Construction is an inherently dangerous and high-risk industry, and construction safety compliance involves copious amounts of complex information to adhere to. In 2015, 4,836 members ended up dead on the job, and 21.4% of those deaths were in construction (Federal Occupational Safety and Health Administration – OSHA).
Most frequently, accidental death and injury in construction are caused by:
- Falls: People fall because access to and from the workplace is not adequate, or the workplace itself is not safe.
- Mobile plant: Construction plant can be cumbersome. It often operates on a ground which is muddy and uneven, and where driver visibility is poor. People walking on site are injured or killed by moving vehicles, especially reversing ones.
- Falling material and collapses: Materials falling or structural collapses strike people.
- Electrical accidents: People suffer from electric shock and burns when there is unsafe equipment.
- Trips: Trips are the most common cause of reported injuries on construction sites, with over 1000 major injuries each year.
Construction workers are likely to suffer ill health as a result of their work in the industry after exposure to both harsh working conditions and hazardous substances:
- Asbestos: Exposure can cause severe respiratory diseases such as asbestosis and cancer.
- Manual handling: Lifting heavy and awkward loads causes back and other injuries.
- Noise and vibration: Loud construction noise can cause hearing loss, and repeated use of vibrating tools can cause hand-arm vibration syndrome.
- Chemicals: Exposure to materials such as cement and solvents can cause skin problems such as dermatitis.
Aiming for an Upward Trend
Because of changes in, and proper implementations of safety policies, fatalities have significantly decreased over the last forty years. However, even with the existing efforts by the industry to reduce workplace deaths and injuries, there seems to be no significant drop in incidents. Zero-incident goals and policies purely cannot put an end to all the dangers and hazards in the construction worksite. In recent years, construction companies have been looking into newer high-tech solutions to mitigate worksite risks and protect their workers.
Digitise Your Required Safety Standards and Requirements
One of the most painful aspects of construction safety compliance is dealing with the paperwork that comes with safety information, rules and regulations. The OSHA manual is difficult to comprehend plus you add to that all the other organisational and internal safety policies and requirements – it’s a lot to digest, and you don’t even know where to begin and what elements you might have missed.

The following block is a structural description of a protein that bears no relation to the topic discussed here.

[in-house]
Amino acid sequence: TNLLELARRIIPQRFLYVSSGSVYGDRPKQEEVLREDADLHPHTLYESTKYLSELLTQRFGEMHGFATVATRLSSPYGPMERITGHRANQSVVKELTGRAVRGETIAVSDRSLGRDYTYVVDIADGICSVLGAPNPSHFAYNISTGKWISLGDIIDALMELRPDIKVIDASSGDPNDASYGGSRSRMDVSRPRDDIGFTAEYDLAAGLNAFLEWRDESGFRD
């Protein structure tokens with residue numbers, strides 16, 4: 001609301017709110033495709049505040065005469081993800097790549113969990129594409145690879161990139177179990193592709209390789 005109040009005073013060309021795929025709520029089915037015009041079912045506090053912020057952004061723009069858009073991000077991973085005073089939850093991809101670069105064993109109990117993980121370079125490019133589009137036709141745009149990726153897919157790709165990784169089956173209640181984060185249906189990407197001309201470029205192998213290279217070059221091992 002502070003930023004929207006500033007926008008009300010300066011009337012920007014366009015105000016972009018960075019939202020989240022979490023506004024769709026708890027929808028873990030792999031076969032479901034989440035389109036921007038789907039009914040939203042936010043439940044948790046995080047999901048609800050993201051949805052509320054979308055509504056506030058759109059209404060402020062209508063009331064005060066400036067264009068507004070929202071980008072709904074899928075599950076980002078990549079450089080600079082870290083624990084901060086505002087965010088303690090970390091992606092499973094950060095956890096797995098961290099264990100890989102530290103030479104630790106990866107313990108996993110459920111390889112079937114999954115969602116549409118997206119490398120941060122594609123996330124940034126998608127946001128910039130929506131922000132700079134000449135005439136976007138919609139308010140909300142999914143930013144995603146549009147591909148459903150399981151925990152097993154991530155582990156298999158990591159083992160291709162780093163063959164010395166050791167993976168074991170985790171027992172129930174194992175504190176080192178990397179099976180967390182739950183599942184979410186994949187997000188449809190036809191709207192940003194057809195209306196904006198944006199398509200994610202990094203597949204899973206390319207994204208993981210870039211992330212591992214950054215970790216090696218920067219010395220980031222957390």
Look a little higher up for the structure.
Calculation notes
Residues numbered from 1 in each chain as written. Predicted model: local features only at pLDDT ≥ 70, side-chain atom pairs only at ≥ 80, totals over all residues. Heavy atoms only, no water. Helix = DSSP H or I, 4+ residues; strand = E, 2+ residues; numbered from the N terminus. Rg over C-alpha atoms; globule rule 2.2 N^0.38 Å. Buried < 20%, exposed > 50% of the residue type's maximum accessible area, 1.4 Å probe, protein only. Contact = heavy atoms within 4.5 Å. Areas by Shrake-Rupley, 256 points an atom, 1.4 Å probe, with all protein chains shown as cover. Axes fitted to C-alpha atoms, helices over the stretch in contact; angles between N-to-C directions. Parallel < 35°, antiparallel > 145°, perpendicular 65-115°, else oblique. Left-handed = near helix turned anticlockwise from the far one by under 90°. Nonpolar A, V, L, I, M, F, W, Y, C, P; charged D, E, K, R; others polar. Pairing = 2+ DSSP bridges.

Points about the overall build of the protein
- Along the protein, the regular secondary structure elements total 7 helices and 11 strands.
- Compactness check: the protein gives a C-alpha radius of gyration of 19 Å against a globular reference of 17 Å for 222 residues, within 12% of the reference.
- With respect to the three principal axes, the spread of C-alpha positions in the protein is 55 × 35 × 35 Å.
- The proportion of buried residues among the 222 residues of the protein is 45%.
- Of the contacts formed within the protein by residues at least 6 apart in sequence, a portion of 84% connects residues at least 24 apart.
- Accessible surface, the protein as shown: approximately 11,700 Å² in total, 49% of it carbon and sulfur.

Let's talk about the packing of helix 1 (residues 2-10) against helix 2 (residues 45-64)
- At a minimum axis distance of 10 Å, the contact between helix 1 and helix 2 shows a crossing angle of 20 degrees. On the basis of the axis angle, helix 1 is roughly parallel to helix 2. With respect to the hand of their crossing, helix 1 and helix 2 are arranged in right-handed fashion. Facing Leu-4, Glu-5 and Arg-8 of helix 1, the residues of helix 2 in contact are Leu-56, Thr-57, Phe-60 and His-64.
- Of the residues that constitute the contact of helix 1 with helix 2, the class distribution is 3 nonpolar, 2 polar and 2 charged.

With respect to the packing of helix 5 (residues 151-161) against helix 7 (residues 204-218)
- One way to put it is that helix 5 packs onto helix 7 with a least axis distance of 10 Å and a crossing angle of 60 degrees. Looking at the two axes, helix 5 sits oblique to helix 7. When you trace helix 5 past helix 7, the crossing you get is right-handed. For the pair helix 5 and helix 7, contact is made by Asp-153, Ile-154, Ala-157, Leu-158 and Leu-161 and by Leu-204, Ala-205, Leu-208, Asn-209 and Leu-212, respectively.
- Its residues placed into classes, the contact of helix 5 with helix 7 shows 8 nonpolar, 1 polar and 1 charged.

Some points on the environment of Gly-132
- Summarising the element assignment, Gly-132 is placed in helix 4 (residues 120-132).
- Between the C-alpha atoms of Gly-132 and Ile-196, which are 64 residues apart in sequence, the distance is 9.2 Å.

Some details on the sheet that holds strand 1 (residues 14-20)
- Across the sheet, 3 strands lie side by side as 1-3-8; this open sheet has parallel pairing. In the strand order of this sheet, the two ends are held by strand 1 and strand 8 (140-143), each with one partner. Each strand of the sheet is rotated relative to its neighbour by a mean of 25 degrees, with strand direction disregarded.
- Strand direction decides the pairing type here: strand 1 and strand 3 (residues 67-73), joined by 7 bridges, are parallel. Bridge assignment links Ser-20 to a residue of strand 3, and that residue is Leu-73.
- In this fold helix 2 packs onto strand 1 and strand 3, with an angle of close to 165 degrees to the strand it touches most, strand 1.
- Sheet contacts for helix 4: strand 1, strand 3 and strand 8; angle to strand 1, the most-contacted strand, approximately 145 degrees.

Having software that understands this struggle can help you digitise these standards into handy checklists so that your field personnel would only take out their mobile device during safety inspections and directly record their observations on the software, which would tell them if a non-compliance has been committed. The perfect software would help fill in the gaps and make the correct QHSE information available even while offline.
Build a Safety Culture through Software
The primary key to creating safer worksites is to ensure transparency in all communication and collaboration channels, especially where safety is concerned. It all boils down to establishing an open safety culture where everyone should be comfortable to ask questions and to escalate concerns regarding worksite safety. A capable software allows teams to perform an on-site collection of field data. This would enable teams to communicate safety concerns and questions from the field to the office and vice versa and learn from incidents and near-miss data.
Real-Time Safety Concerns and Updates
Having the right technology would allow your teams to have access to real-time safety concerns and updates. Software that is centred around real-time collaboration would be able to notify you of safety concerns and updates as they are happening.
Incident reporting is made easier with individual self-reports so no more loophole for non-compliance. This empowers users and makes them confidence about their job performance having all the information and communication channels at the tip of their fingers. This helps to build a safety culture within your company and among your various stakeholders.
Check out our tips on construction risk management.
The Power of Collaborative Software
Collaborative technologies allow teams and stakeholders to work together in a safer work environment with accountability for each other. As each person has all the tools to execute his or her job safely, the liability trickles down to ensuring that everyone leaves work the same way they came to work.
To learn more how digitising your construction processes helps improve worksite safety, why not download our free ebook that’s linked here?